question about null hypothesis??

#1
here is my question:
in my minor thesis, based on my theoretical framework, i have a hypothesis that stated that: "the score of group A is the same as group B".
so if that was my alternative hypothesis? what would be my null hypothesis?
would my Ho be: "the score of group A is not the same as group B"? or should i say "different" or "there's difference between.." instead?

is that okay to state "..is not the same as..", "different" in Ho?
cos I usually see "different" in alternative hypothesis.

i'm pretty confused right now
thank u very much for your help :)
 
#3
No. You can't have "is not the same as" or "different" as your null hypothesis. It sounds like what you really want to do is "equivalence testing". This looks to be a decent explanation of why you don't want to do "standard" significance testing and a brief explanation of equivalence testing: http://www.graphpad.com/library/biostatsspecial/article_182.htm
if i cant have "is not the same as" or "different" as my null hypothesis, so what should my null hypothesis be like?
in my minor thesis, I compared the score of episodic memory between deaf and normal children.
my data distribution is not normal, so i used mann-whitney to compare, and it means I used median instead of mean.
there was no significant difference between the 2 groups (median score of deaf group=8; median score of normal group=9;p=0,256)
but from what i've read in your link, if i accept my hypothesis (deaf group score is the same as normal group score) based on that significance test, my conclusion is invalid.

it said i your link there's way to ask about equivalence and express the results as p value, but it's complicated. or it said that I could use CI.
but I didnt see any confidence interval in mann-whitney test.

so do u know, what test should I use? and u should know beforehand that I'm no expert and I cant understand a really difficult statistical things.
thank u so much for ur help :)
 

Karabiner

TS Contributor
#4
Your sample size is much too small for equivalence testing.
To support the hypothesis that 2 populations differ only to a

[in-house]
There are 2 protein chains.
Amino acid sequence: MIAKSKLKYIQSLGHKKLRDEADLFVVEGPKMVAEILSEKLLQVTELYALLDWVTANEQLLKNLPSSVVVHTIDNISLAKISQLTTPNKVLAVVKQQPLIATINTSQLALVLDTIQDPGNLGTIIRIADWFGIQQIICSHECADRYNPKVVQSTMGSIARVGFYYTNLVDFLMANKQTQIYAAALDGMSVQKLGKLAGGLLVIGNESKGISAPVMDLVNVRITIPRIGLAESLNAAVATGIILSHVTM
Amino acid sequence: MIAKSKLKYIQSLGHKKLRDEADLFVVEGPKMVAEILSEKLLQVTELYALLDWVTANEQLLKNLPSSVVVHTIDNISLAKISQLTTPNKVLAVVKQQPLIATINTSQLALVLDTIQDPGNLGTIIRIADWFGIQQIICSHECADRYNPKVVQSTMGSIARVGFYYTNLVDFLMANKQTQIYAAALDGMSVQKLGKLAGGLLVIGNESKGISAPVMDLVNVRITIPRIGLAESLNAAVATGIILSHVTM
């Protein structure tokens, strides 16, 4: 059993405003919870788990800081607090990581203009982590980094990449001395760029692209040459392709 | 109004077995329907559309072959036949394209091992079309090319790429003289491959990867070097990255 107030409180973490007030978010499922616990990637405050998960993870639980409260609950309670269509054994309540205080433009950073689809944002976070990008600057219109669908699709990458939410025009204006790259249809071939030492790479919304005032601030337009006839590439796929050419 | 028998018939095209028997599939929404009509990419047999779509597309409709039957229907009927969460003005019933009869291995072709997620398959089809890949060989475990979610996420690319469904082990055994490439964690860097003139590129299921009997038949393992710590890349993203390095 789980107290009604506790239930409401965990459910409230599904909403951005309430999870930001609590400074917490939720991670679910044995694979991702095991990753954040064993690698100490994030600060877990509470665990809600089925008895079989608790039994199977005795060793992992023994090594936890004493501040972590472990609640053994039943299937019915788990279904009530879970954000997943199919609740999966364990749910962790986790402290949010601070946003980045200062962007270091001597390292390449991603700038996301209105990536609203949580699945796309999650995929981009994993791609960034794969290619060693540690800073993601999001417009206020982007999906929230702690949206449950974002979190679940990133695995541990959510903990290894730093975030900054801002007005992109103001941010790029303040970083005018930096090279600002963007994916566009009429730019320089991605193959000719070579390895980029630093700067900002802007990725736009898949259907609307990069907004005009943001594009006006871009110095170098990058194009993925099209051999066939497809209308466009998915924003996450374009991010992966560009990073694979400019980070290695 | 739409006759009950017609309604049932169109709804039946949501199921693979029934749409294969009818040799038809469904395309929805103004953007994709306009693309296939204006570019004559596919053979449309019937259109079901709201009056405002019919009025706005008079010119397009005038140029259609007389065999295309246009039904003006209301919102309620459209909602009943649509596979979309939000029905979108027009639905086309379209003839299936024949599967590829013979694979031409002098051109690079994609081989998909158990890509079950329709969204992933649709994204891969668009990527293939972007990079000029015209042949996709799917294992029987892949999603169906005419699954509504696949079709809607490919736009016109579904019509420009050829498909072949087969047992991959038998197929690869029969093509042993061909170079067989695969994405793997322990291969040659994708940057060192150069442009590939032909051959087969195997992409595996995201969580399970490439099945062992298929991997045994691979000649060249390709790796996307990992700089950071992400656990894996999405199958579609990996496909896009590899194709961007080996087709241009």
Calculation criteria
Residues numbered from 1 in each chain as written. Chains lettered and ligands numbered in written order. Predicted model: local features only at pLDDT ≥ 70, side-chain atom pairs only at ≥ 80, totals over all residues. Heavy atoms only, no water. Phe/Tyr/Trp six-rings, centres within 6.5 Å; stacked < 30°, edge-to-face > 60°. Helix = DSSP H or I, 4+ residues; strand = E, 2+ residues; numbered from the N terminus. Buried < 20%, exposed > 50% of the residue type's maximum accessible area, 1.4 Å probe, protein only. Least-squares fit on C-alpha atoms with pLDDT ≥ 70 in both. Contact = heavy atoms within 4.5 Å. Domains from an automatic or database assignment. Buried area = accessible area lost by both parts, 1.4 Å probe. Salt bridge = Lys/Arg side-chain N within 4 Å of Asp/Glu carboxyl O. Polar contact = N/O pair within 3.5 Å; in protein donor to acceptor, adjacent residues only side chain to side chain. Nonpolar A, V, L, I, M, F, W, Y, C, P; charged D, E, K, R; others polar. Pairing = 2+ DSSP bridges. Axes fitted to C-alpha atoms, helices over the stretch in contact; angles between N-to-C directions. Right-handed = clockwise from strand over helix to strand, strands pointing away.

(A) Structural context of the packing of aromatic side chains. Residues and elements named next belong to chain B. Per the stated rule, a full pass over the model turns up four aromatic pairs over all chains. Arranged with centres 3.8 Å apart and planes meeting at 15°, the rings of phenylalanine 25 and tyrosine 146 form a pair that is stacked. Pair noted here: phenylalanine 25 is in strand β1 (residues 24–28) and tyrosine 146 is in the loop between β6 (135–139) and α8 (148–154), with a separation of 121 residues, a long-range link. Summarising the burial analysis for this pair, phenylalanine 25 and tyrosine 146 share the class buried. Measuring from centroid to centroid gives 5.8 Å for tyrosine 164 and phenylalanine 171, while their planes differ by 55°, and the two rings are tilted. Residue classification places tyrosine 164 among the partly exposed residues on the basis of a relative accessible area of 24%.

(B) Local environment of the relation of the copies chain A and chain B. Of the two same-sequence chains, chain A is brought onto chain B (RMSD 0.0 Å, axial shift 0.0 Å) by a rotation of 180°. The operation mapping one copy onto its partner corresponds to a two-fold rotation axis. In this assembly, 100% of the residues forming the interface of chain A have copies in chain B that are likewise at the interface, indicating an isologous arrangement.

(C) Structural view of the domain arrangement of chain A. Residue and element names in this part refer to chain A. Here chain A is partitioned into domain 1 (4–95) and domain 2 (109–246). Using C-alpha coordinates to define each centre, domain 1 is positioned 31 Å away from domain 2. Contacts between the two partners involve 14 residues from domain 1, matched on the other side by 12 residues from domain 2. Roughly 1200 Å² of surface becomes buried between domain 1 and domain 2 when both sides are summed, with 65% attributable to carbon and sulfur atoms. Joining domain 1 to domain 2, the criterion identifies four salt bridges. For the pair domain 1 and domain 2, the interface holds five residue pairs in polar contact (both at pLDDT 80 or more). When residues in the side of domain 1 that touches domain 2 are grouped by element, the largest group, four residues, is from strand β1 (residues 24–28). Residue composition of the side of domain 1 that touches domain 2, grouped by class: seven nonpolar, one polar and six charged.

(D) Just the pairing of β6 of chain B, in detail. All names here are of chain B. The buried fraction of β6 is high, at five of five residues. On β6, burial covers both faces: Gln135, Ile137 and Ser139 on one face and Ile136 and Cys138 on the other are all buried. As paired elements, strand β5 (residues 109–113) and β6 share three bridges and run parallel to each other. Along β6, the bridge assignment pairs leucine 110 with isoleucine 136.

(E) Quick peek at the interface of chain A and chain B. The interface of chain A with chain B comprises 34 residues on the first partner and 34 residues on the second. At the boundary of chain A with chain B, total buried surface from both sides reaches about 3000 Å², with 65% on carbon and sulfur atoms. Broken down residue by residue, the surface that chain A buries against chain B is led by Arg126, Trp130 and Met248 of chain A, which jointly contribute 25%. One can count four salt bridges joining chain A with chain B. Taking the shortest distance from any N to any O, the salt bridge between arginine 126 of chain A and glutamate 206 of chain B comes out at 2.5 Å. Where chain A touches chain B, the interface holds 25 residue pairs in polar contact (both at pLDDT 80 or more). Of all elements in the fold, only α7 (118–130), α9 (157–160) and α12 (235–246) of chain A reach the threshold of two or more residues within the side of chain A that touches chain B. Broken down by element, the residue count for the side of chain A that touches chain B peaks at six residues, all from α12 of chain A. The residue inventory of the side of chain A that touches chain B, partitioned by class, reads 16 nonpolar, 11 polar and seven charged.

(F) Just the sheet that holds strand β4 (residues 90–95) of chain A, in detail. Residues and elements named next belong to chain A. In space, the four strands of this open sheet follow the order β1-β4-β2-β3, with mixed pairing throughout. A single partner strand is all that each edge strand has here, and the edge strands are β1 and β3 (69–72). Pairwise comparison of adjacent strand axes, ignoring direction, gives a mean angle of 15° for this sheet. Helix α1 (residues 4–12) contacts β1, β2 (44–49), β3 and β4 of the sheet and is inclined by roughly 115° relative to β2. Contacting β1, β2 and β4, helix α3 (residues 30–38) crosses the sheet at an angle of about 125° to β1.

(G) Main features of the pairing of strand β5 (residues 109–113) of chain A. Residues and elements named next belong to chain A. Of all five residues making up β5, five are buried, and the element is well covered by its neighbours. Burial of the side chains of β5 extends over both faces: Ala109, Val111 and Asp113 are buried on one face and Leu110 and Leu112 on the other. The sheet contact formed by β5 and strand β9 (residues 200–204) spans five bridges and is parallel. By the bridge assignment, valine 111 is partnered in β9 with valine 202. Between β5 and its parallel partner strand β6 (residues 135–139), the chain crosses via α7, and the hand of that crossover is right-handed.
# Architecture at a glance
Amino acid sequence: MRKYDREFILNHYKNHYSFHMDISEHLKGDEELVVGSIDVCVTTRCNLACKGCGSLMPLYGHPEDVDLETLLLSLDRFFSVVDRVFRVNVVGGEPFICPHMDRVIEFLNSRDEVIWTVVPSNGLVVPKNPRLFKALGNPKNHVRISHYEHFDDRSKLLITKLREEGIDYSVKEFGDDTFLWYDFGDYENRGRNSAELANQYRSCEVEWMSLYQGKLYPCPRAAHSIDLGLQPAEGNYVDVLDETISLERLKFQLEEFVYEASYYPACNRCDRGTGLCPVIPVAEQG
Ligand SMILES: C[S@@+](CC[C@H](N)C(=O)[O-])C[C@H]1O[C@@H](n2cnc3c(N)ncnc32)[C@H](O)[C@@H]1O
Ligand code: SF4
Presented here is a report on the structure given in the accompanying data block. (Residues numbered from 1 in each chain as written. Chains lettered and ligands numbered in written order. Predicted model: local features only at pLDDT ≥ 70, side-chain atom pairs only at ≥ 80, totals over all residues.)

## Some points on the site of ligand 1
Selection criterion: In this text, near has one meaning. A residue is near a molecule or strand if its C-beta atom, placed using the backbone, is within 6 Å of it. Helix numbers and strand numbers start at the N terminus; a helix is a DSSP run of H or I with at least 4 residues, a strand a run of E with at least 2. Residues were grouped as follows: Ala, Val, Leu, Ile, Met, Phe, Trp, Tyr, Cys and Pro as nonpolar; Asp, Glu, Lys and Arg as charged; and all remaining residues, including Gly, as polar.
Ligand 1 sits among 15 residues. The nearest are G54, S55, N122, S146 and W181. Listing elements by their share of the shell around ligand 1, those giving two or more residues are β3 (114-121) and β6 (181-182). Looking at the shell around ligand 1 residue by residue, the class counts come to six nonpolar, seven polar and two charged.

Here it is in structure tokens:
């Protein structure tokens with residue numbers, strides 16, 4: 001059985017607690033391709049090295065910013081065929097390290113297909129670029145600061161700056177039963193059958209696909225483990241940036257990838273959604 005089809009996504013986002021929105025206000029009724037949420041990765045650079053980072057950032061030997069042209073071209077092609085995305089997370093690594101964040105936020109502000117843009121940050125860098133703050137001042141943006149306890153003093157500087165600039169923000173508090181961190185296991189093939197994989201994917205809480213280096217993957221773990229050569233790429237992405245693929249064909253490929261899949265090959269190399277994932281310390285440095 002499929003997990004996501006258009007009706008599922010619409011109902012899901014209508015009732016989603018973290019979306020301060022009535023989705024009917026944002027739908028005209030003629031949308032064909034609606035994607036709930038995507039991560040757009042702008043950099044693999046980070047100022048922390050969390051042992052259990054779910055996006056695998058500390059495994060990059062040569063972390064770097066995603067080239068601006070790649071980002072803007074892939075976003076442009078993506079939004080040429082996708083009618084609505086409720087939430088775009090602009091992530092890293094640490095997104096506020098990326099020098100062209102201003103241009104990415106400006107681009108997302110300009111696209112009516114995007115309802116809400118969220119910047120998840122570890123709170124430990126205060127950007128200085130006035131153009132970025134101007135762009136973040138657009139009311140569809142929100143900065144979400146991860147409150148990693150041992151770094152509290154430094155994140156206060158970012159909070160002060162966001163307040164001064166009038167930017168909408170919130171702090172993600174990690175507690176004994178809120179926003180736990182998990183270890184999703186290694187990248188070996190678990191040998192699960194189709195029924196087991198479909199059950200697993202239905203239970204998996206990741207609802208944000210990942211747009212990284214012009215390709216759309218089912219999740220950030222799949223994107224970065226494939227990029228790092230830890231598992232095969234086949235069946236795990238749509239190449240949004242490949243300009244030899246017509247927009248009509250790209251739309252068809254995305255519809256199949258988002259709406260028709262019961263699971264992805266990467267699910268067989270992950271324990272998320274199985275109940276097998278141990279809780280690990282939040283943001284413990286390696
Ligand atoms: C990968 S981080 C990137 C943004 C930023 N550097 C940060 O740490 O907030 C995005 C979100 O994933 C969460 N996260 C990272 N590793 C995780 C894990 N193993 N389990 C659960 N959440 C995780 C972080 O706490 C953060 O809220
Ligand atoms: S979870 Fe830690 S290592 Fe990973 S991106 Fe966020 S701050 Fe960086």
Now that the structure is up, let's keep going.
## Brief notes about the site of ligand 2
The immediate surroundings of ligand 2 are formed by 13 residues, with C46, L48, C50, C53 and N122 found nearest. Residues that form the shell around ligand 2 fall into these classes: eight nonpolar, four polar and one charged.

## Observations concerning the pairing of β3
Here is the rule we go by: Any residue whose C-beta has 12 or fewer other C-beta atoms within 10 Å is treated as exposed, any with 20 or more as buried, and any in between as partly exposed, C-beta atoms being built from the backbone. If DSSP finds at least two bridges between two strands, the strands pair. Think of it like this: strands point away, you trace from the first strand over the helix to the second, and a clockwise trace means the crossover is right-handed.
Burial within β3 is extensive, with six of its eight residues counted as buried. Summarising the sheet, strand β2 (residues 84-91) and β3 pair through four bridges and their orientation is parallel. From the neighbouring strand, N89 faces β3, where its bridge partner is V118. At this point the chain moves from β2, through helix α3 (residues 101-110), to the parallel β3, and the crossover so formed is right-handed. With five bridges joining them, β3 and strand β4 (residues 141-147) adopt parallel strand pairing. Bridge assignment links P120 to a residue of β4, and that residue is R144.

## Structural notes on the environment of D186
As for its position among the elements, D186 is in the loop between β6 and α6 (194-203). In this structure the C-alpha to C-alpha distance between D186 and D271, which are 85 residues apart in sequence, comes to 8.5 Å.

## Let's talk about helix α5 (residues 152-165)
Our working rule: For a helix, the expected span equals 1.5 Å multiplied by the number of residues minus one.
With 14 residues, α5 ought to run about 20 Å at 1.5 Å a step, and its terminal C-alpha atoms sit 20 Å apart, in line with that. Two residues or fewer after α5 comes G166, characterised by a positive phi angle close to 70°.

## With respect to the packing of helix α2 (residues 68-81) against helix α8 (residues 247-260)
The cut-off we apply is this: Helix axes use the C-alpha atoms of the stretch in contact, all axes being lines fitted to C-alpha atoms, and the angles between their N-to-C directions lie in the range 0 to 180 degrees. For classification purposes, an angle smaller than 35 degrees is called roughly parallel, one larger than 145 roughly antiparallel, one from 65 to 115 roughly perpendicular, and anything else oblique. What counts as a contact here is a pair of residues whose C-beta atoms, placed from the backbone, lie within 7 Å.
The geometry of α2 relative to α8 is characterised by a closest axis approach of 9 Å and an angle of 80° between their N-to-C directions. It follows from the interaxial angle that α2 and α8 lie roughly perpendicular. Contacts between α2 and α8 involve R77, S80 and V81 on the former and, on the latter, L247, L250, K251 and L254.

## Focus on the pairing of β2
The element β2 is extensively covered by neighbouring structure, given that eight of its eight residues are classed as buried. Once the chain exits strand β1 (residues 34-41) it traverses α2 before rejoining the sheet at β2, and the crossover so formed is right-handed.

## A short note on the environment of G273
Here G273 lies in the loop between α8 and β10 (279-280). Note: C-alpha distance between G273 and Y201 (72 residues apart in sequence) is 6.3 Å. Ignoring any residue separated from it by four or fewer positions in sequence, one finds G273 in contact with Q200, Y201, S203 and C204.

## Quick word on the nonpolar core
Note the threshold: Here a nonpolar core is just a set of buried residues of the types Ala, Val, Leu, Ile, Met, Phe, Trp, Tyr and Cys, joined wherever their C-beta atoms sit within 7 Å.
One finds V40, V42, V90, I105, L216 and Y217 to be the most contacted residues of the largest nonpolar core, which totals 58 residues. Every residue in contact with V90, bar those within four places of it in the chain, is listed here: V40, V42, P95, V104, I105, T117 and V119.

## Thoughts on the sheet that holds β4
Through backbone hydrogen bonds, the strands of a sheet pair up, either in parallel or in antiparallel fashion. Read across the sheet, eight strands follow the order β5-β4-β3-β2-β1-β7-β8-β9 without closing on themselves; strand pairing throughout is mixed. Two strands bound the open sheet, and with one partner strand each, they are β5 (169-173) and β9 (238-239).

neglible or practically unimportant degree requires large
samples.

Even if you would consider a medium (0.5 standard deviations)
difference between the two populations as equivalent, and
would also accept an extremely low statistical power (50%),
you would still need a sample size of about n=90.


Kind regards

K.
 
#5
dear karabiner,
so what should I do?
how about I make my hypothesis -> null hypothesis,
and because the mann-whitney test showed that there was no significant difference between the 2 groups,
i would say that I rejected my alternative hypothesis, and accept my null hypothesis (the score is the same).
is that ok? really, I couldn't think of anything else.
thank u for your help sir
 

Dason

Ambassador to the humans
#6
The problem is that just because you fail to reject the null hypothesis doesn't mean you have evidence that the null hypothesis is true.

Ho: I did not just stick my tongue out at you
Ha: I just stuck my tongue out at you

You have no evidence to reject the null hypothesis here but it was true. Do you see the problem with saying that the null is true just because you didn't reject it?
 
#7
dear dason,
yeah, I see.
but you said that I should do equivalence testing, and then karabiner said I couldnt do it because my sample size is too small (it's true, there's only 15 subjects per group). so I dont have any other options.
do you have any suggestions?
thank you sir!
 

Karabiner

TS Contributor
#8
As usual in this forum (funny enough, as it's one of the most improtant informations),
you didn't mention your sample size in the beginning, so the impossibility of proper
equivalence testing was revealed only by your second posting. The size of your study
is simply much too small for making strong inferences about deaf and non-deaf children
in general. What you can do, you can report your results and note hat your study was
underpowered (had only small chances to detect differences, and no chances to reliably
support the assumption of equivalence), whatever the reason for that was.

Kind regards

K.